J&J asks for emergency use authorization of COVID-19 vaccine booster

A Johnson & Johnson sign on a building
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Johnson & Johnson announced Tuesday that it has asked the Food and Drug Administration (FDA) to grant emergency authorization for a booster shot of its COVID-19 vaccine for individuals aged 18 years and older.

In a statement, the company said it based its filing on the results of a late-stage clinical trial that found a booster dose of its single-shot vaccine given 56 days after the first dose provided 94 percent protection against symptomatic COVID-19, and 100 percent protection against severe and critical disease at least 14 days after the second dose.

The New York Times first reported Monday that Johnson & Johnson was planning to request emergency use authorization this week, citing officials familiar with the company’s plan.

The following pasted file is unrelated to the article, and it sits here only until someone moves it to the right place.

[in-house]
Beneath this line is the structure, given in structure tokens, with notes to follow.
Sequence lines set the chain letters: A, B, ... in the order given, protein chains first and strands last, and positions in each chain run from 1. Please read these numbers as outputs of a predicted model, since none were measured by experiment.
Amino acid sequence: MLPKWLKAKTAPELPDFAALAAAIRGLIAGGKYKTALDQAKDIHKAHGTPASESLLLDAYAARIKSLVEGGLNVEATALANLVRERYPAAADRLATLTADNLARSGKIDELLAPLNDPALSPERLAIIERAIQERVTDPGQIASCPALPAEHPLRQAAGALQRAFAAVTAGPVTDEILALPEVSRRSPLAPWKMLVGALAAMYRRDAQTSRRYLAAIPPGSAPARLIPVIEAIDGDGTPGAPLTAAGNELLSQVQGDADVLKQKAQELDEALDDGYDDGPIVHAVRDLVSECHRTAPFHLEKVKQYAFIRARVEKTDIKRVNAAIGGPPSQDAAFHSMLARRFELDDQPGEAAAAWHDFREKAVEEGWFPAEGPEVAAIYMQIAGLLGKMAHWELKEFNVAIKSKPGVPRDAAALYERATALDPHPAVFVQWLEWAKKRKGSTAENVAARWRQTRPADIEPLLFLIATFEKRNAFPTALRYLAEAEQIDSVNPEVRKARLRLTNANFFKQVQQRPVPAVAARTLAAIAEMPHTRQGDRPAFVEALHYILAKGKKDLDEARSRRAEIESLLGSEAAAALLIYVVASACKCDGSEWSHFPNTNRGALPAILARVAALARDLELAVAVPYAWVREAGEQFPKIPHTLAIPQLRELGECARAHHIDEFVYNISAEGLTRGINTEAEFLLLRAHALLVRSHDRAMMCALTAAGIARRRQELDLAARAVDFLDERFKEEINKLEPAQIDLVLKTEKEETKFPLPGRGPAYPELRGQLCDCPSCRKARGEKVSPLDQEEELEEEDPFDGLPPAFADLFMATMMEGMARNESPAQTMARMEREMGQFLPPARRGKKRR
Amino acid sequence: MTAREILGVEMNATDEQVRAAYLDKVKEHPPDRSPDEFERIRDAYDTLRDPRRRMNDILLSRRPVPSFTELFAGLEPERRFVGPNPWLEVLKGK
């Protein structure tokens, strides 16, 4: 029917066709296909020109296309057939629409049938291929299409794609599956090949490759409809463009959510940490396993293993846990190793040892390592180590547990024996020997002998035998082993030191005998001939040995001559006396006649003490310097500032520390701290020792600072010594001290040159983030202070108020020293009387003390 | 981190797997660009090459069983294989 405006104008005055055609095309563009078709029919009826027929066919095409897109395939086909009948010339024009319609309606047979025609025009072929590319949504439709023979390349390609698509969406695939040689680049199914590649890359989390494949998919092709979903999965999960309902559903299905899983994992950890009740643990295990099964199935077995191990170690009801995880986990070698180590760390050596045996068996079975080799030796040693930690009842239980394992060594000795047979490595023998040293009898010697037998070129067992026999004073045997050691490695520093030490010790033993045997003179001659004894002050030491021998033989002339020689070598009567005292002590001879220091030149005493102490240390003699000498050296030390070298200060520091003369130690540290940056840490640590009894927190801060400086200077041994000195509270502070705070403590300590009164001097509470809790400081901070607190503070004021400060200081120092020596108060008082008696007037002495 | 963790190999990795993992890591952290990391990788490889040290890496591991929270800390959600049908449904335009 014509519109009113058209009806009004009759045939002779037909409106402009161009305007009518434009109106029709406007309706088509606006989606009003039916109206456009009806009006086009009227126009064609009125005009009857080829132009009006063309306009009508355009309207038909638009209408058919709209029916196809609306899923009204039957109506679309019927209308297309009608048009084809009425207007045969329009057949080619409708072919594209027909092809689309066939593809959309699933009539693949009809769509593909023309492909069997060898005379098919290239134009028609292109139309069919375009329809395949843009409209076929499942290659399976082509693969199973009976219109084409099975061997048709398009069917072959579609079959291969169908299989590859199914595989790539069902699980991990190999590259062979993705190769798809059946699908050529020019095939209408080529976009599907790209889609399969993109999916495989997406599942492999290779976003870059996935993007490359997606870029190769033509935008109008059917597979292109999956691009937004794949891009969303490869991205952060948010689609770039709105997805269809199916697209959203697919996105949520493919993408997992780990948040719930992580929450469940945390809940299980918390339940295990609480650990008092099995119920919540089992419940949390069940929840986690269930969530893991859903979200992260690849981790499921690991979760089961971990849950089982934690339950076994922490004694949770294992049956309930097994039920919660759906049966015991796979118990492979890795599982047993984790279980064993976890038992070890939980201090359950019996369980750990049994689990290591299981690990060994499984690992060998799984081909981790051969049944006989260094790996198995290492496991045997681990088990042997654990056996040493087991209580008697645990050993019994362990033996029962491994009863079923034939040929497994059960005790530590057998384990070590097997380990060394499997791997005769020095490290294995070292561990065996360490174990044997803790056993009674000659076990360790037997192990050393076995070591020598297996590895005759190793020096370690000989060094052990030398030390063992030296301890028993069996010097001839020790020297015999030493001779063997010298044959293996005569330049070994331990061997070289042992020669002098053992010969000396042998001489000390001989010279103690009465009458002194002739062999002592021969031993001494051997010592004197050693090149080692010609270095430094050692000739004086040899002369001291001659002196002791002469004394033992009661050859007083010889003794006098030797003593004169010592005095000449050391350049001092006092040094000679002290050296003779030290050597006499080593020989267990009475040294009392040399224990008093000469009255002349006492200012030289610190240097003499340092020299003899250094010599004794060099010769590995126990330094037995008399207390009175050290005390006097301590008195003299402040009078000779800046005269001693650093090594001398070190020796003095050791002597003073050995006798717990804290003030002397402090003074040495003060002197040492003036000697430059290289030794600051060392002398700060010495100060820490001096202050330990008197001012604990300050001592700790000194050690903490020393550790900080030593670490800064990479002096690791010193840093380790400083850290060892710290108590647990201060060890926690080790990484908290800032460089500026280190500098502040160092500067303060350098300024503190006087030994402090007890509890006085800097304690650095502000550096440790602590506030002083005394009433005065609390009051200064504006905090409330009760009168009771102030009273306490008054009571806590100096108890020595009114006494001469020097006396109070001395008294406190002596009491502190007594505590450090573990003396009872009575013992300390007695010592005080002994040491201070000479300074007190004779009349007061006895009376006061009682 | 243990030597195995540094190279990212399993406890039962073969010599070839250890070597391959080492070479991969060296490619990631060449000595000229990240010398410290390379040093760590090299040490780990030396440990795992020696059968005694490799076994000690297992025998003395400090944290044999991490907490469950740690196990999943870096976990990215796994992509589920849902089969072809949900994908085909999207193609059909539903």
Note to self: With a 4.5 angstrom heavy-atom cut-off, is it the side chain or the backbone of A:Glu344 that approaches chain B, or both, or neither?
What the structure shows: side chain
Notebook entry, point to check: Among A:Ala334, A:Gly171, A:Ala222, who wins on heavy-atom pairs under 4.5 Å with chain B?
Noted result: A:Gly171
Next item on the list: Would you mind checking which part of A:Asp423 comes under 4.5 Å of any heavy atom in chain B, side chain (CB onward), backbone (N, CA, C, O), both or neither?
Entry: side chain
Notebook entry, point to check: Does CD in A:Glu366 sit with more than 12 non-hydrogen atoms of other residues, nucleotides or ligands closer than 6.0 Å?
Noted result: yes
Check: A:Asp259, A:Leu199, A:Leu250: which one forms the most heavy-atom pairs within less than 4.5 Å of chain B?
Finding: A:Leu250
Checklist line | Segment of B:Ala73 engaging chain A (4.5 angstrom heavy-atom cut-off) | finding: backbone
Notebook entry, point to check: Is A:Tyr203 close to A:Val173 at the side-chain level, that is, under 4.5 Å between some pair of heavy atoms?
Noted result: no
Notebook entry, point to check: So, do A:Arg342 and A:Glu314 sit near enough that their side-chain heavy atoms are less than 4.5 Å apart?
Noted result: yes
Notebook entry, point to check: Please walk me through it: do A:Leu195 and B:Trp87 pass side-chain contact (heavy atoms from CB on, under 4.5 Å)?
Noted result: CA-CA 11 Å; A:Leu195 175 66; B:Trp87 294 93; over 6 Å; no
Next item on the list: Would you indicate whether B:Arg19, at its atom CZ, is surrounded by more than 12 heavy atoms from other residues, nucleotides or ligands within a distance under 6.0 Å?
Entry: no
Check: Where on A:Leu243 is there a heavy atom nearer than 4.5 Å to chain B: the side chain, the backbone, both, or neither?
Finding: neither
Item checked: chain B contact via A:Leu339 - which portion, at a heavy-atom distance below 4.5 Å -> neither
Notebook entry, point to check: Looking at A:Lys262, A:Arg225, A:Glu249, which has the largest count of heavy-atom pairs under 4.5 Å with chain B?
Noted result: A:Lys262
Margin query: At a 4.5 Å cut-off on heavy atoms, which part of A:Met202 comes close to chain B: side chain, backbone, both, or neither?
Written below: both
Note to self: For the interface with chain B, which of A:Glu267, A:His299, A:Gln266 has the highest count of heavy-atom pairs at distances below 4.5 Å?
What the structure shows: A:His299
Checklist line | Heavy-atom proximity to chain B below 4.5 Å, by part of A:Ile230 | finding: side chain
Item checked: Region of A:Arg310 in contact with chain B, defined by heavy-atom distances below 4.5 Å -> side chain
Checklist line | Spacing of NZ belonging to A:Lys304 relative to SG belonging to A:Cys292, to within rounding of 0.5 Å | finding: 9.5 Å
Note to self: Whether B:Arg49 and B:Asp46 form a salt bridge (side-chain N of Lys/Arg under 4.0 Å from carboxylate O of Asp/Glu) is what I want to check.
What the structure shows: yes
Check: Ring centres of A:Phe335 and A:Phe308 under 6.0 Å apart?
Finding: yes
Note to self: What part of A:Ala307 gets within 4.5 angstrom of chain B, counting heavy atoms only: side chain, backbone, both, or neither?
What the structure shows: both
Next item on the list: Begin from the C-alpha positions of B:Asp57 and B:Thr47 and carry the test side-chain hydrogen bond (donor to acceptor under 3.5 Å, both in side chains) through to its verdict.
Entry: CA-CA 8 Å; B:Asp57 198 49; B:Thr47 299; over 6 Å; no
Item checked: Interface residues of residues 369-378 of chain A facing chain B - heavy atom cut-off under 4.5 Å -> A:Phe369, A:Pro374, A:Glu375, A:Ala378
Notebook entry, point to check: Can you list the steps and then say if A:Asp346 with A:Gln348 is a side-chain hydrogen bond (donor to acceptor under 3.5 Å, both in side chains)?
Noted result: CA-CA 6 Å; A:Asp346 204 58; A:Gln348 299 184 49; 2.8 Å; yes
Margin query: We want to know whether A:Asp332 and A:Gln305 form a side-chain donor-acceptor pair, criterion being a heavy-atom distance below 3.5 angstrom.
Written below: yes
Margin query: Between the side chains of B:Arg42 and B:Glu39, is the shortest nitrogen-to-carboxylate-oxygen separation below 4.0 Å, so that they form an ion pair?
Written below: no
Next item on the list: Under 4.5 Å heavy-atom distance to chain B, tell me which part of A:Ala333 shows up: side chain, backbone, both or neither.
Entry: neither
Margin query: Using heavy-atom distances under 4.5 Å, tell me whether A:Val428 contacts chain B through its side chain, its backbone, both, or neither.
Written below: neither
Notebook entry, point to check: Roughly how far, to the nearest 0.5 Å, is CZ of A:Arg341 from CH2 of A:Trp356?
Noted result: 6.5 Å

The move comes as the Biden administration ramps up its campaign to administer booster doses.

The U.S. began rolling out booster doses late last month. More than 5.7 million people have received a booster dose, according to data from the Centers for Disease Control and Prevention (CDC).

The FDA has already authorized booster shots for Pfizer’s vaccine for individuals aged 65 and older and those at high risk of severe disease.

Moderna has also begun submitting data to the agency about a booster dose of its vaccine.

The FDA’s vaccine advisory panel will meet later this month to discuss booster doses of Moderna and J&J’s vaccine. Both vaccines are currently authorized for adults aged 18 and older.

The CDC released a study last week finding that the side effects of a booster shot are similar to those of a second dose and were mostly mild or moderate and short lived.

Updated at 7:32 a.m.

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